Rehab for Men in Nevada
Men who struggle with substance abuse or addiction often face unique challenges and may benefit from sex- or gender-specific programming. Men may struggle with the concept of seeking help, as gender stereotyping may lead them to believe that seeking treatment is a sign of weakness. Even after going into treatment, some men may feel uncomfortable with and even threatened by the “help-seeking” process, and this can cause them to hold back from fully engaging. Some men may benefit from programs that are specialized to address this stigma and other unique challenges men face regarding substance abuse.
Fortunately, Nevada is home to several specialized recovery programs, including programs for men. Of the 106 substance abuse treatment facilities in Nevada, 52 have programs or groups that are specifically tailed to adult men.2, 3 Understanding the challenges some men face when struggling with addiction, how programs or groups tailored to men can help address these struggles, and how to locate rehab programs tailored to men in Nevada may help you to better find long-lasting recovery.
How Does Addiction Affect Men?
Addiction can affect men and women differently, particularly in how the two groups interact with substances and addiction treatment. For instance, in American society, many men face unique social pressures and, in some cases, even encourage drinking.1 Many events in a man’s life are celebrated with rituals that may involve or even encourage drinking to excess.1 Social pressures to participate in ritual substance use for fear of departing from reinforced ideas of masculinity can cause some men to experience addiction.1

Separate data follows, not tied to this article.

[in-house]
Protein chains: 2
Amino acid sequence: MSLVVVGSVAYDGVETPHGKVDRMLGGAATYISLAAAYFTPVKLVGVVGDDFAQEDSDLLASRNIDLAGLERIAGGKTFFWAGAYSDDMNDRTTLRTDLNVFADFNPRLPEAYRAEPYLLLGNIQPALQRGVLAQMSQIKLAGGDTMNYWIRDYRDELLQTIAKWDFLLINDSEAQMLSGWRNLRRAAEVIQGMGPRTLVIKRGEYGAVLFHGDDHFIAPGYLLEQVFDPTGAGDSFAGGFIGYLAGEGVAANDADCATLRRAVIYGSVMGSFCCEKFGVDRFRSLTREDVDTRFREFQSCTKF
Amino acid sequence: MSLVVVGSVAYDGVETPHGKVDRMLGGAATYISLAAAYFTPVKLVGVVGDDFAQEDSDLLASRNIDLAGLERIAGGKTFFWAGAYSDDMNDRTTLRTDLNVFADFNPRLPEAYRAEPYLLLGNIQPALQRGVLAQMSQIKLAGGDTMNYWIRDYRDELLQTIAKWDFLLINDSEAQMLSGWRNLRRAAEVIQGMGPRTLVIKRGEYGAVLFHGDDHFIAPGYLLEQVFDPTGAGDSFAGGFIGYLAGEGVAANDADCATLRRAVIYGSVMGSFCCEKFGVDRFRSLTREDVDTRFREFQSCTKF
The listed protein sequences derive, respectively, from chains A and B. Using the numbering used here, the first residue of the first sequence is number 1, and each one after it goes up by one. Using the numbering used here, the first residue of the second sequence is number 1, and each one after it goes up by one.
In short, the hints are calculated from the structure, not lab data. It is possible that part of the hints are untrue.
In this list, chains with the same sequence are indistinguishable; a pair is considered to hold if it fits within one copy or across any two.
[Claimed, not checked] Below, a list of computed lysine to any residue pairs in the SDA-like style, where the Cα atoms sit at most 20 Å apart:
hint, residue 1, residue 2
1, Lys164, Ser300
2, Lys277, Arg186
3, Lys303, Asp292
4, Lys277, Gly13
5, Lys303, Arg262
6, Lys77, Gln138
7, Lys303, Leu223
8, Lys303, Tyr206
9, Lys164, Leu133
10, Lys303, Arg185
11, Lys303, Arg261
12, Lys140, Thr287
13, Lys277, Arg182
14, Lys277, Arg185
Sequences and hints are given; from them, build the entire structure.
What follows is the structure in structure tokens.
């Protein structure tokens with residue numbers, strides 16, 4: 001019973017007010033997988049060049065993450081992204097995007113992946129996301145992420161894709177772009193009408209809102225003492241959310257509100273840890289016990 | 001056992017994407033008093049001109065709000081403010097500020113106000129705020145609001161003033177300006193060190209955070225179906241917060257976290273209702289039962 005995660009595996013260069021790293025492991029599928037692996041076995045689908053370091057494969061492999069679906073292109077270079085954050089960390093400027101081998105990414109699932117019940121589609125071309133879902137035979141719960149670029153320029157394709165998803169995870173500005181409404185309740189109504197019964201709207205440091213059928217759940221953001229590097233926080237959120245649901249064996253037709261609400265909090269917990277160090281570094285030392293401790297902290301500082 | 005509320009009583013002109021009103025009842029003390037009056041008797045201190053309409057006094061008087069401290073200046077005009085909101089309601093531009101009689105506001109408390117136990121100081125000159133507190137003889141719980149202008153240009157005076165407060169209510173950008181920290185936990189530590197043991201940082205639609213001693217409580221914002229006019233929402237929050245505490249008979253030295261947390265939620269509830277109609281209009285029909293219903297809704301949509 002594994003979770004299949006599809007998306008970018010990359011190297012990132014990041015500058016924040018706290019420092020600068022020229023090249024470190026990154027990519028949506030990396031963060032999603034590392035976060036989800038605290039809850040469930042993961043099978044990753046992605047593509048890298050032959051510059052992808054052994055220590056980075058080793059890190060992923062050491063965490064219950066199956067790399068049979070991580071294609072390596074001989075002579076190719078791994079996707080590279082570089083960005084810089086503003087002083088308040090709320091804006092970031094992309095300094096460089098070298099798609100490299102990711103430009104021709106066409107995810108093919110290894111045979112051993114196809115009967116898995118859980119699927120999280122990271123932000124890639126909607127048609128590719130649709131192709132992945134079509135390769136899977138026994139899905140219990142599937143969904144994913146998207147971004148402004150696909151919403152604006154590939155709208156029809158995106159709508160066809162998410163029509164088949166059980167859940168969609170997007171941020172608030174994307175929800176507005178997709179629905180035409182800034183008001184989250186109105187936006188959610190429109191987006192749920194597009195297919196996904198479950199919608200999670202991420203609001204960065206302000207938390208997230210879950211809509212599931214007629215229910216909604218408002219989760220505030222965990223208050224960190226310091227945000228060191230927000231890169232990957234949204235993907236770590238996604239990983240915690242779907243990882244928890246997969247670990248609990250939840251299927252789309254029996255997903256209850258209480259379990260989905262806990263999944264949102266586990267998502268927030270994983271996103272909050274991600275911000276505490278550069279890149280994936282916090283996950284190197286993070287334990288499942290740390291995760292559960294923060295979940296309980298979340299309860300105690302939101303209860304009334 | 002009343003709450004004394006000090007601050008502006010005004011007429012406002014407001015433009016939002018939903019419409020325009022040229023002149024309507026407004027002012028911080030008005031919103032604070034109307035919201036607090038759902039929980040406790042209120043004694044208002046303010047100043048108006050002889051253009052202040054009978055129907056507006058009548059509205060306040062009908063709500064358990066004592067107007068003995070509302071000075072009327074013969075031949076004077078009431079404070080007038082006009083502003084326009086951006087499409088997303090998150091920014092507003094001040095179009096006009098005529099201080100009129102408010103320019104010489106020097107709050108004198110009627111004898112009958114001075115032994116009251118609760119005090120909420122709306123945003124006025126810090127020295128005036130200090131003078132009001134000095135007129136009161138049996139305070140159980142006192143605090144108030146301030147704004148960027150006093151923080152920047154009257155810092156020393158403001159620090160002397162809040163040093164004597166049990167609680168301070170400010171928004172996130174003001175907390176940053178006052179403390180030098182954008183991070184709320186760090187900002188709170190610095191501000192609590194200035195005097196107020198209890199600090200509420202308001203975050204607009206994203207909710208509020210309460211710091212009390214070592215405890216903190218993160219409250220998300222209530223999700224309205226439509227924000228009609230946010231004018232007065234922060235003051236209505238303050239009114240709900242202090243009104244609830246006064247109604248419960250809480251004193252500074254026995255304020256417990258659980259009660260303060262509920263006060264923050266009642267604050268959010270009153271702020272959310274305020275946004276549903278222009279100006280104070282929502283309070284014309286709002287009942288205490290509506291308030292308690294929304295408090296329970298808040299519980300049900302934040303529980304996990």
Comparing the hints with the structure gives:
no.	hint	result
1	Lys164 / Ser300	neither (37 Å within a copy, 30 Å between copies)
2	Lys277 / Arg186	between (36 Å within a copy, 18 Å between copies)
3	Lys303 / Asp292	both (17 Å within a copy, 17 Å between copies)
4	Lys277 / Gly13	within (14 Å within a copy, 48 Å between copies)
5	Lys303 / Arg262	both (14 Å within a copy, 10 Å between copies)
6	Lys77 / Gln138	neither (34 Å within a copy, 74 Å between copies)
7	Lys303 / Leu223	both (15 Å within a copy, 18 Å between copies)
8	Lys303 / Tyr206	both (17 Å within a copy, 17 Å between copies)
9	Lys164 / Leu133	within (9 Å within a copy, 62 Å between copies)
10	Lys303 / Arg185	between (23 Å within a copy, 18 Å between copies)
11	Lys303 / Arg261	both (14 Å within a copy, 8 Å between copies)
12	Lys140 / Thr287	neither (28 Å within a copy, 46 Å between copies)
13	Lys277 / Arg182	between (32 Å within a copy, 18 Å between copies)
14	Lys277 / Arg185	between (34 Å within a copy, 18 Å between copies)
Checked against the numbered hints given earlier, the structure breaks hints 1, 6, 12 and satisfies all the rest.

When men experience addiction, it is also often experienced in different ways than women.4 For example, men are more likely than women to abuse various types of illicit drugs, and are also more likely to end up in emergency rooms or suffer overdose deaths from substance abuse.4 Additionally, men are more likely that women to binge drink, and may binge drink more frequently.10 Furthermore, excessive alcohol consumption in men is linked to a greater risk of violence and sexual violence.10
There are also subgroups of men who experience substance abuse and addiction differently than women and other male counterparts. For example, in the United States nearly 89 percent of veterans are male.5 Veterans who struggle with substance use disorder (SUD) also commonly meet the diagnostic criteria for mental health conditions like PTSD, depression, and anxiety.6 Indeed, veterans with an SUD are 3-4 times more likely to receive a PTSD or depression diagnosis than their peers without an SUD.6 LGBTQ men may also face additional mental health challenges that complicate substance use and addiction treatment.7 Gay and bisexual men with SUDs are more likely to report mental distress, depression, or other co-occurring mental health disorders than heterosexual men.7 Additionally, transgender adolescents may struggle with higher rates of mental health disorders.7 Veterans with PTSD or depression and LGBTQ men with depression or another mental health disorder may benefit from undergoing dual diagnosis treatment that concurrently treats a substance use disorder and other co-occurring mental health issues.7
Treatment Obstacles that Men with Addiction Face